GFC Hit Tax Deductible Giving to Australian NFPs
6 June 2011 at 3:24 pm
Despite tax deductible giving in Australia growing strongly at 15% per year, the Global Financial Crisis saw a decrease in the amount of money Australians donated to Not for Profit organisations, especially among the very rich, according to a recent examination of tax-deductible giving data by Professor Myles McGregor-Lowndes.
Director of the Australian Centre for Philanthropy and Nonprofit Studies Professor Myles McGregor-Lowndes reported on the extent of tax-deductible donations claimed by Australian taxpayers in their 2008-09 individual income tax returns in a recent podcast.
The global financial crisis saw an increase in the number of Australian taxpayers claiming tax-deductible donations, however the size of these donations decreased for the first time in a decade, according to McGregor-Lowndes.
He says that according to the Productivity Commission report into the Not for Profit sector, philanthropy revenue for the sector in 2006-07 was about $7.2 billion – of which around $2 billion is declared by individuals as tax deductible gifts.
He says while this data is not comprehensive, it does provide an annual metric of giving.
Tax deductible giving in Australia is growing by an average of nearly 15% per annum, which McGregor-Lowndes says is due in part to the incentives to encourage philanthropy such as Private Ancillary Funds and a very strong Australian economy.
He says 2008-09 saw the amount given as tax-deductible donations to Not for Profit organisations in Australia down 10.79%, mirroring a worldwide trend with a 3.8% decrease in the United States, 11.4% decrease in the United Kingdom, and 5.4% in Canada.
Despite the decrease, the amount given as donations in 2008-09 was still $208 million (or 11.04%) higher than 2006-07 in Australia.
McGregor-Lowndes says the average tax-deductible donation made in 2008-09 was $450.05, compared to $523.10 in the previous financial year, and $440.01 in the year previous to that.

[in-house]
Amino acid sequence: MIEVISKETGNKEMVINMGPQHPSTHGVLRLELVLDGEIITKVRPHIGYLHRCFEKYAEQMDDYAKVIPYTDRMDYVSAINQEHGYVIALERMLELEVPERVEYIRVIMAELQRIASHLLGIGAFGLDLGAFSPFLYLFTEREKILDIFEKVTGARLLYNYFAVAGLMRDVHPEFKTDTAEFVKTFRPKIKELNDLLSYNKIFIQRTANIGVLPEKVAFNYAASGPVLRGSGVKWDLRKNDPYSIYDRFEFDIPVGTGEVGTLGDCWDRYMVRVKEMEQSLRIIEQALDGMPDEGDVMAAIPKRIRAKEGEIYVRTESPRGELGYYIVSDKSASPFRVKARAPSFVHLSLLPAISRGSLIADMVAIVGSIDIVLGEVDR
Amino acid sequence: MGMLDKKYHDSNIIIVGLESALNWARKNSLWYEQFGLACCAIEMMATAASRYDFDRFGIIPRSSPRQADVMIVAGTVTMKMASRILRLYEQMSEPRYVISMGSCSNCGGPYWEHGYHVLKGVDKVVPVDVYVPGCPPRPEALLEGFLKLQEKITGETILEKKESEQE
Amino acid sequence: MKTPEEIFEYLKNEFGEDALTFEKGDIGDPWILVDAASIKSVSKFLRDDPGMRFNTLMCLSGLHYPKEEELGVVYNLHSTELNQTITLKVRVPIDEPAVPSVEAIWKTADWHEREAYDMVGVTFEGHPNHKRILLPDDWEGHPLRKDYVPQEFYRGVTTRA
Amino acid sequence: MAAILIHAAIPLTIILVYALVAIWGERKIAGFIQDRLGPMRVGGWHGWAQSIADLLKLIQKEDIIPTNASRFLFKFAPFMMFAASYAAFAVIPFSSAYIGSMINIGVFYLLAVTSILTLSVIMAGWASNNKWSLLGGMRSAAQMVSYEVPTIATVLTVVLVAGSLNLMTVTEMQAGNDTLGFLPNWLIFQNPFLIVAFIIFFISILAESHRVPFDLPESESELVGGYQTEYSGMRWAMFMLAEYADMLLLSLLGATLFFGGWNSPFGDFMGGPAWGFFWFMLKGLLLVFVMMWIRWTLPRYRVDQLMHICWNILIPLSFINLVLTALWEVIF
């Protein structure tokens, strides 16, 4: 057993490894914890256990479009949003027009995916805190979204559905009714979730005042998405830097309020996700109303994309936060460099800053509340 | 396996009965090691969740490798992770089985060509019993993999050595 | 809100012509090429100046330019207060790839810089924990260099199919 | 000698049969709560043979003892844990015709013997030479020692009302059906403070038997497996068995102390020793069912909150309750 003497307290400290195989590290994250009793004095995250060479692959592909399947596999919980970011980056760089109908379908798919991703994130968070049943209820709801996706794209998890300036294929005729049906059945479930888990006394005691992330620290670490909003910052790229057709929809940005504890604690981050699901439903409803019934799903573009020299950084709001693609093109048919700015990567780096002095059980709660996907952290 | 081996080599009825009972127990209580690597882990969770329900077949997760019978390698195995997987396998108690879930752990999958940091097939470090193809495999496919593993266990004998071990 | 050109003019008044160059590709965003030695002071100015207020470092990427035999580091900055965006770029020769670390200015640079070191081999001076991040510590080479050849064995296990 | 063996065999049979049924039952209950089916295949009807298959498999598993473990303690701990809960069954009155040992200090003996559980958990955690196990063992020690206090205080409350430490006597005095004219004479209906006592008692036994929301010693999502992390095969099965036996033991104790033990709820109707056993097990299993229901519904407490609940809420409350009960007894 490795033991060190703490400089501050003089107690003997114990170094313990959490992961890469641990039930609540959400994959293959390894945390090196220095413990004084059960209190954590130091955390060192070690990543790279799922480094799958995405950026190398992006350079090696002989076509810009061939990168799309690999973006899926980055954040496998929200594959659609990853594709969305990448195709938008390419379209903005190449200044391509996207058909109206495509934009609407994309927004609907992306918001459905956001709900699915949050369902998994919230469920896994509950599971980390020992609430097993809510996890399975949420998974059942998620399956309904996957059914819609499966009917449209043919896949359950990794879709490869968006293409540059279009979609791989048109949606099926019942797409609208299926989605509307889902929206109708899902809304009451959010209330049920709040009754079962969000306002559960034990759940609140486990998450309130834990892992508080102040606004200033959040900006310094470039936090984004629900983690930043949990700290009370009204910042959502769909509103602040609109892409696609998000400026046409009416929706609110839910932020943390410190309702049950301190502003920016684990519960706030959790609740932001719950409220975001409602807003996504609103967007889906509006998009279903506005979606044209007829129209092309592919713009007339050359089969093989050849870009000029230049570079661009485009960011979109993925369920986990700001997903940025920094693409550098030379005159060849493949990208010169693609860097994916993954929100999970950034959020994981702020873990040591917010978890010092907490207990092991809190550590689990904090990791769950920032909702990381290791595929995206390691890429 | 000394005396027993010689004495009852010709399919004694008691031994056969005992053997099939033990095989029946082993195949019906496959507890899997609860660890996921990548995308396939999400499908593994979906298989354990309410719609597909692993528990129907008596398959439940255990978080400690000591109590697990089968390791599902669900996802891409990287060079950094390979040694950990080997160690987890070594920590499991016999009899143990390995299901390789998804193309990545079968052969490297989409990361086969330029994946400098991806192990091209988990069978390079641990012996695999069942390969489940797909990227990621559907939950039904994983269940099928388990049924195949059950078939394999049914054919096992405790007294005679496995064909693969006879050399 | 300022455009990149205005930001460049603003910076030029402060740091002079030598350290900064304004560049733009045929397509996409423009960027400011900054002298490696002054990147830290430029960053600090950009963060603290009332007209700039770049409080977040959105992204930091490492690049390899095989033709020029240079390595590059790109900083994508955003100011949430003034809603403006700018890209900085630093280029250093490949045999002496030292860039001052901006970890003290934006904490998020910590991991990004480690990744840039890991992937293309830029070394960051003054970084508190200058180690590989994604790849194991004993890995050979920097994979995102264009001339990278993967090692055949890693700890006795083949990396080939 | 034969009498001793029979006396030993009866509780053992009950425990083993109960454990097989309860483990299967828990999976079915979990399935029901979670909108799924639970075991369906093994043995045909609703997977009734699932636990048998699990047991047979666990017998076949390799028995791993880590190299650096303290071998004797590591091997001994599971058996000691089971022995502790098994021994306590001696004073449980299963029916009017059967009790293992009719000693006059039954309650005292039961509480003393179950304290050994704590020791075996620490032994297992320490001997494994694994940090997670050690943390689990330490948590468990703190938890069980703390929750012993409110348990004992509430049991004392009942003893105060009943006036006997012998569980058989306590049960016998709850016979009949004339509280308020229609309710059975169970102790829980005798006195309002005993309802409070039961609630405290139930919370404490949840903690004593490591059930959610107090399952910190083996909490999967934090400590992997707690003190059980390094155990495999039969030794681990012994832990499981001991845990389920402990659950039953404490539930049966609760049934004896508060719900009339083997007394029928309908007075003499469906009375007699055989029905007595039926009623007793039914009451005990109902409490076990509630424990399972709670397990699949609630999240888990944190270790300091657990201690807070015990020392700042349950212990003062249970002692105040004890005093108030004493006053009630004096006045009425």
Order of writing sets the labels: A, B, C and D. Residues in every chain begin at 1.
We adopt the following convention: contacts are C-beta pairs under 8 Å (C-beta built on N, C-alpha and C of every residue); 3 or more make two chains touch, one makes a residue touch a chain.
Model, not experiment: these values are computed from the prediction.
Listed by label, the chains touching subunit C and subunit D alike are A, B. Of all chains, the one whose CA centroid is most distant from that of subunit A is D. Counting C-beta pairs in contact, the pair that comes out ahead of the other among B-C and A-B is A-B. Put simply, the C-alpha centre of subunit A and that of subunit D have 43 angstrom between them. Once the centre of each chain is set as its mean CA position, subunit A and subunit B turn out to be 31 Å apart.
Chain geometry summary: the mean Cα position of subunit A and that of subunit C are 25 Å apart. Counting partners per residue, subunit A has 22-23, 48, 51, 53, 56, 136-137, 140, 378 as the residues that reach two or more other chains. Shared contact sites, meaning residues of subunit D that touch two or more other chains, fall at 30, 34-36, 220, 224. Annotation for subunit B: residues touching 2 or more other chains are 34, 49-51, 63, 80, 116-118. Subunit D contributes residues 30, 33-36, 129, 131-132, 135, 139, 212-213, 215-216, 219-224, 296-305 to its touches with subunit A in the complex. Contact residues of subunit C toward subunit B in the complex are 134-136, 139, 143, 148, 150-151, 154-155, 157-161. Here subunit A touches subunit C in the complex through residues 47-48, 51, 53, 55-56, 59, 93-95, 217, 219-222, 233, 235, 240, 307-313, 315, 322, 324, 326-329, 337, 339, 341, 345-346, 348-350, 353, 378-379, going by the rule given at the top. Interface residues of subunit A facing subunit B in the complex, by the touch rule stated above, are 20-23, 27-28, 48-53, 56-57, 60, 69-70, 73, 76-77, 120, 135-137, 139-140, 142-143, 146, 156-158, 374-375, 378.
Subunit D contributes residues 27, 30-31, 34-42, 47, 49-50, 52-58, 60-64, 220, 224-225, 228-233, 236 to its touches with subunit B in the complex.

The GFC had the greatest influence on the donations of the nation’s wealthy donors, with taxpayers with an annual taxable income of over $1 million claiming an average of $48,706.38 – down 53% on the previous year’s high of $102,543.08.
He says people earning over $1 million per annum donated 1.71% of their taxable income, down on 2.89% the year before – but still far above the national average of just 0.38%.
The Black Saturday Bushfires which occurred in Victoria in early February of 2009 impacted on philanthropic giving, with the Victorian Bushfire Appeal raising $379 million. McGregor-Lowndes says compared with the previous year Victoria accounted for 7% more of all deductible gifts in Australia, and the state’s gross deductible gifts rose by 27.30% to $601 million.
He says the average gift in Victoria also rose from $433.49 to $470.08, an 8.44% increase compared to a drop of nearly 11% nationally.
McGregor-Lowndes says this probably points to giving expanding to meet the challenge of the needs created by the bushfires.
The Australian Centre for Philanthropy and Nonprofit Studies (CPNS) is based at the QUT Business School.
ACPNS has put together a database of tax-deductible giving which is searchable by postcode and occupation. Access the database here: http://www.bus.qut.edu.au/research/cpns/publications/postcode.php
If you would like a more detailed report on tax-deductible giving, download the latest ACPNS Working Paper here: http://www.bus.qut.edu.au/research/cpns/publications/.
Listen to the full podcast here: http://www.bus.qut.edu.au/research/cpns/podcast/shows/show56.jsp